N. Pirilides & Associates LLC has vast experience acting in high net worth divorces in Cyprus, especially in relation to disputes over the division of matrimonial property which admittedly are the most complicated and contested part of the divorce process; such disputes are rarely straightforward as they often involve consideration of property held by companies in Cyprus or abroad, international trusts, preliminary disputes over the jurisdiction of the Cyprus Courts and other complex issues.
It should be pointed out as a starting point that Family Courts in Cyprus have jurisdiction to adjudicate upon property disputes of ex-spouses regardless of the residence of either of the parties, provided that there is ‘property’ within the meaning attributed to the aforesaid term by Section 2 of Law No. 232/1991. According to Section 2 of the aforesaid Law, ‘property’ is any movable or immovable property/assets/wealth acquired by any of the spouses, either prior to the marriage but with the prospect of marriage, or after the marriage has taken place.
Section 14(1) of the same, provides that, in the event of separation or divorce, where the property/assets of a spouse have been increased, the other spouse, if he/she has contributed in any way to the said increase of the property/assets, he/she may file an action to the Court claiming the attribution of the part of the increase derived from his/her contribution. It is clear from the provisions of Section 14(1) that a potential claimant must prove (1) a lawful marriage (religious or civil), (2) increase of the respondent’s property/assets either prior to the marriage but with the prospect of marriage or after the marriage and (3) contribution to the acquisition of such property/assets’ increase. Moreover, according to paragraph (2) of Section 14 of Law No. 232/1991 there is a rebuttable presumption that the claimant – spouse has contributed to the 1/3 of the increase of the matrimonial property. Therefore, if the claimant–spouse wishes to claim only the said 1/3 proportion presumed under Section 14(2), he/she is not obliged to prove the extent of his/her contribution but must merely prove an increase of the respondent’s property/assets. On the other hand, the respondent may attempt and succeed in rebutting the presumption of Section 14(2) and prove less than 1/3 or even no contribution on behalf of the said claimant-spouse.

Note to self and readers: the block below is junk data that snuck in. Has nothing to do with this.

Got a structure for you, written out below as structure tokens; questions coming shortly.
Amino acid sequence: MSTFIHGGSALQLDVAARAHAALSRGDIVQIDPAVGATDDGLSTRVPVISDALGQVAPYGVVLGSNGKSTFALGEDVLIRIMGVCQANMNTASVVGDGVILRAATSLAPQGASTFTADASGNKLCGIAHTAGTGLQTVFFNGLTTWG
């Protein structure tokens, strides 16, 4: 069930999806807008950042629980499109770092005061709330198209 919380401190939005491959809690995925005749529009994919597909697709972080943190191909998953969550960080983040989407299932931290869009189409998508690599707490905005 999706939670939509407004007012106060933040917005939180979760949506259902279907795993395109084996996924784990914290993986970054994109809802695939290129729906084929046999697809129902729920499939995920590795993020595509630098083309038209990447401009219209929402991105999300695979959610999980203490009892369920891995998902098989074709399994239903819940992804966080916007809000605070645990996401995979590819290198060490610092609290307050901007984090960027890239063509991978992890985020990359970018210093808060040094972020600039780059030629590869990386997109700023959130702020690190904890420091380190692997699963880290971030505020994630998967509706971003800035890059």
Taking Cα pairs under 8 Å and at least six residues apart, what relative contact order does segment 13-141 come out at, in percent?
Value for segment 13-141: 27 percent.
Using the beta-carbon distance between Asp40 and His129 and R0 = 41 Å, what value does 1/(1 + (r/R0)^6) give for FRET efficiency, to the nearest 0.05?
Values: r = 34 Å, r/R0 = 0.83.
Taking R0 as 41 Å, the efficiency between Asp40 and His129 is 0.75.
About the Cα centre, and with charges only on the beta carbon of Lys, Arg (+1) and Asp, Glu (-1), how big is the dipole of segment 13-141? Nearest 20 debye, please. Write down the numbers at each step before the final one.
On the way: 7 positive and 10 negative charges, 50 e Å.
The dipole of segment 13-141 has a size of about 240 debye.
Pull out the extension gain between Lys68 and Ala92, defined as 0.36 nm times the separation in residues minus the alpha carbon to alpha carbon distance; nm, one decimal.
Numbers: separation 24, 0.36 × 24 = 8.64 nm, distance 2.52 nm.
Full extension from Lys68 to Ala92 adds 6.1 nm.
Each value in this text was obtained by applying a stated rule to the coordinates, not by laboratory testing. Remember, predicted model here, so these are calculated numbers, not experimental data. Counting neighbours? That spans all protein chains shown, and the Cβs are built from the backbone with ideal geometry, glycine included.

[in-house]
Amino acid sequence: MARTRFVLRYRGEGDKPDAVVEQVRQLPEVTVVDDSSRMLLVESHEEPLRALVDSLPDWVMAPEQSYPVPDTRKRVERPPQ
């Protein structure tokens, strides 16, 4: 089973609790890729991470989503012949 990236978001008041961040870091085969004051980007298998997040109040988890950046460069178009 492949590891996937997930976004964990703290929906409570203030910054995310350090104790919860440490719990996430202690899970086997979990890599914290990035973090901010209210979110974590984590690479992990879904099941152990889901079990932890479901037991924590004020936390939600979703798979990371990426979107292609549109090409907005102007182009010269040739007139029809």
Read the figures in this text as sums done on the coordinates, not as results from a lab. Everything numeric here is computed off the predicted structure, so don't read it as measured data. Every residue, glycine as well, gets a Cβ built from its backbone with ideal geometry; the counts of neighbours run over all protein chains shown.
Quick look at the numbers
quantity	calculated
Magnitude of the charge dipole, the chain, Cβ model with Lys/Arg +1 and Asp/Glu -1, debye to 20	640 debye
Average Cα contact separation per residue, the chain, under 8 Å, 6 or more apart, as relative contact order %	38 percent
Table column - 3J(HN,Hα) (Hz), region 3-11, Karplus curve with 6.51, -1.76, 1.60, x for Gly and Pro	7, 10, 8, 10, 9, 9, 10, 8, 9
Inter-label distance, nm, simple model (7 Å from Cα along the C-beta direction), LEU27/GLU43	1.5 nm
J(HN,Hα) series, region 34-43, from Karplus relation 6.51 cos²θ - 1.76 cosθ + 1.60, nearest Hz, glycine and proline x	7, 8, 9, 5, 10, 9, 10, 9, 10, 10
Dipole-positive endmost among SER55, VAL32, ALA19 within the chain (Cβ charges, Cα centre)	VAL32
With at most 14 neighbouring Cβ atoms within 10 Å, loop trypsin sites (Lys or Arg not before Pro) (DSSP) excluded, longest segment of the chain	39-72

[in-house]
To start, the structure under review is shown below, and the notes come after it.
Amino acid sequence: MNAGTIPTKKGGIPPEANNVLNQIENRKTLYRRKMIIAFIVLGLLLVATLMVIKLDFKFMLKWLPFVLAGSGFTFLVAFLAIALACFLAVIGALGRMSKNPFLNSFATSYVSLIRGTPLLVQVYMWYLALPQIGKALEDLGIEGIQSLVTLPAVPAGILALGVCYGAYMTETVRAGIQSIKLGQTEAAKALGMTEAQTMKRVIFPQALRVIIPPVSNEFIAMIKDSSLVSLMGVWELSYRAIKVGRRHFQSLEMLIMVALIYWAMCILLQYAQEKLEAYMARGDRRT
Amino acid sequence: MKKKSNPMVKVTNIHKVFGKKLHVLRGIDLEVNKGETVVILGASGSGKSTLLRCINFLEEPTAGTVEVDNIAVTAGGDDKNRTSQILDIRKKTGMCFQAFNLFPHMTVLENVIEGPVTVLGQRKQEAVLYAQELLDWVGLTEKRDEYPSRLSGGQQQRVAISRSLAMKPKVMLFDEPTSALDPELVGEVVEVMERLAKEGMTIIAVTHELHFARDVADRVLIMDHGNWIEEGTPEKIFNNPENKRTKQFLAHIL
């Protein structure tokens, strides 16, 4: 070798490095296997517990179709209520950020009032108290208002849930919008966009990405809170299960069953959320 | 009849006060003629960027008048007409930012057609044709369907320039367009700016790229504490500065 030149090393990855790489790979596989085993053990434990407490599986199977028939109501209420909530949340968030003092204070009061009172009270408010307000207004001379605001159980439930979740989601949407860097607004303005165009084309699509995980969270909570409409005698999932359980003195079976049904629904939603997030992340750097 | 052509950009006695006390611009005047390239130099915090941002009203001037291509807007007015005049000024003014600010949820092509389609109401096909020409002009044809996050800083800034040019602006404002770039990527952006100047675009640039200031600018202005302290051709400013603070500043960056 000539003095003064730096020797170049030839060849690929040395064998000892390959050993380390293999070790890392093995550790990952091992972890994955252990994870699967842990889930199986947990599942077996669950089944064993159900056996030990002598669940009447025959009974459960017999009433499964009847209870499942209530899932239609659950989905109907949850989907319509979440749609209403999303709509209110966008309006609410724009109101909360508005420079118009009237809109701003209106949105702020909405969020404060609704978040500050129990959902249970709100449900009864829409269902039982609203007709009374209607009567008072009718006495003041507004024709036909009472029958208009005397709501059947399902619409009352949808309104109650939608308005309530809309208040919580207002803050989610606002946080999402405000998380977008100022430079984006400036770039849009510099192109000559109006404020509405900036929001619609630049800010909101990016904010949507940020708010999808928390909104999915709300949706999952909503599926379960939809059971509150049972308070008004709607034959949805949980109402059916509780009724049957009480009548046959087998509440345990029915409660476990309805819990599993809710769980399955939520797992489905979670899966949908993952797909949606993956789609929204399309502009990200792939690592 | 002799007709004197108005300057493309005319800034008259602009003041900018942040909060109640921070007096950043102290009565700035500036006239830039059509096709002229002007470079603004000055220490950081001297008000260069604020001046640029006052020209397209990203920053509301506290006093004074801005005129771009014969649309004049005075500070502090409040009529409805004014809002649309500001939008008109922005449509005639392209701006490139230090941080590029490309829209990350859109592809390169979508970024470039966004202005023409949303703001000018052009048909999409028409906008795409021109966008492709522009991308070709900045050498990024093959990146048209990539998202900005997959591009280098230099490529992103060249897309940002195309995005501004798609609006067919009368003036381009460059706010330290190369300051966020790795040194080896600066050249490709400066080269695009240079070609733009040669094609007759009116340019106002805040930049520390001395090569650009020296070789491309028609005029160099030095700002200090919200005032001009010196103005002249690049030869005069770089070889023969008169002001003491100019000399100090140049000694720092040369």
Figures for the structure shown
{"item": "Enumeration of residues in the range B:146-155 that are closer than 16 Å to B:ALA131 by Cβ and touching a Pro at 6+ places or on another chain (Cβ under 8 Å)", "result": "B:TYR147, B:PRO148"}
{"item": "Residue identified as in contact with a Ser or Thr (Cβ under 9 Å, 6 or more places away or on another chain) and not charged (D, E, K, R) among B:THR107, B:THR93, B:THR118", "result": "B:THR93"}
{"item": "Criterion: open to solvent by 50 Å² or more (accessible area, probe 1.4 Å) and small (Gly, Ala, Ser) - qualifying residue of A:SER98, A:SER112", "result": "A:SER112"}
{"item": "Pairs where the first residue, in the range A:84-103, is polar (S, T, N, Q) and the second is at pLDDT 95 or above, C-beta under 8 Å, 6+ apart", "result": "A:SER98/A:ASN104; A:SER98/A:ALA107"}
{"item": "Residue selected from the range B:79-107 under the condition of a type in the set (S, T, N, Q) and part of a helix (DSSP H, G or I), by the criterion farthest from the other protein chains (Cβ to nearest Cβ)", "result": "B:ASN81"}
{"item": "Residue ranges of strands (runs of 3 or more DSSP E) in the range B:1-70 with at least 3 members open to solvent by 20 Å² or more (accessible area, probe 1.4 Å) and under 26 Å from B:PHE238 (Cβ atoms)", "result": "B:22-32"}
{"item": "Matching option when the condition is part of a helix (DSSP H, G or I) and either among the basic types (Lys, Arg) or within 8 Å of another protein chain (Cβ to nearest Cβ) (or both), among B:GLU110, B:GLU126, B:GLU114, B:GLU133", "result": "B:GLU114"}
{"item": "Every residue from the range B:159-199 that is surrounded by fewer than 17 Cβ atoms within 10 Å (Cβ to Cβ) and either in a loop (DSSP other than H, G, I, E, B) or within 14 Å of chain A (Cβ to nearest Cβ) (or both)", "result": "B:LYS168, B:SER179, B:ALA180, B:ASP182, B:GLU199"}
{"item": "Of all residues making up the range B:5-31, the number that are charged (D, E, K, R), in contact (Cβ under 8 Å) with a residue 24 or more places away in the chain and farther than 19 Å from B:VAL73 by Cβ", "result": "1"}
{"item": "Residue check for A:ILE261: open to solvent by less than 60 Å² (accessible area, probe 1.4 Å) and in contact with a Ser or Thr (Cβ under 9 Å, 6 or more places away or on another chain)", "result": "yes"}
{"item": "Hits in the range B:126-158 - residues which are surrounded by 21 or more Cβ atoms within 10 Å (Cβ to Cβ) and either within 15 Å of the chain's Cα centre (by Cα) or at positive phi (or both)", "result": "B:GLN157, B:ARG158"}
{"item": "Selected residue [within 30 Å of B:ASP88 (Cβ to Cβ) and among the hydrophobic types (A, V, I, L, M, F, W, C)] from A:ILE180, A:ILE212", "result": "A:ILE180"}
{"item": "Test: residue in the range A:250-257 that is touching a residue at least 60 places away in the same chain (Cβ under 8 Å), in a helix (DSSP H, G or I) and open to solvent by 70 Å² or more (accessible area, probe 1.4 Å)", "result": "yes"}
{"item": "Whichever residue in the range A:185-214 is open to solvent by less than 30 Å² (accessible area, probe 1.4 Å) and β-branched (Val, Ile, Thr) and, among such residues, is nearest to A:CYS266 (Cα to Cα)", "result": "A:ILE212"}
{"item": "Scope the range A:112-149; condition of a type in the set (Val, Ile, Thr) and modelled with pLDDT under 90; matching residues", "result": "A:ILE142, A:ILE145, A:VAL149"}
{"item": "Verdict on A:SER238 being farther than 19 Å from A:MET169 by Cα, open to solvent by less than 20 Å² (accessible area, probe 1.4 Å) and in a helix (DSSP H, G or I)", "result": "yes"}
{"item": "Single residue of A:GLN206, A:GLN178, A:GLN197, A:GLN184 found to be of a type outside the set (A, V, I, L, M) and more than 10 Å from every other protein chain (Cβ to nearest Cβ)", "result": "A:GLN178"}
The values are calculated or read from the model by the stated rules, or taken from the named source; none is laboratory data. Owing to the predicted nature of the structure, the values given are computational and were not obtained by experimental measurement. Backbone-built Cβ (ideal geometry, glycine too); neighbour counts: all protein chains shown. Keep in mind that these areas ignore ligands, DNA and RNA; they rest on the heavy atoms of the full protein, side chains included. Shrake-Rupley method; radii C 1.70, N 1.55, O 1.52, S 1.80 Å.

Also, in support of a complex matrimonial property claim, the claimant spouse regularly seeks the issue of an interlocutory freezing injunction (formerly known as ‘Mareva’ injunction) in order to prevent any dissipation of assets from the respondent spouse until a judgment can be obtained. In essence, such an interlocutory order prohibits the respondent spouse from alienating assets or dealing with assets in such a way as to defeat the claim.
N. Pirilides & Associates LLC represents clients seeking to protect their assets and equally those fighting for their fair share in the marital wealth. Our experienced Family Law team will take the time to capture the details of each client’s unique situation, provide guidance and advice as to each stage of the legal process and of course aim to get the best possible result for the client. For further information, please contact us at email@example.com.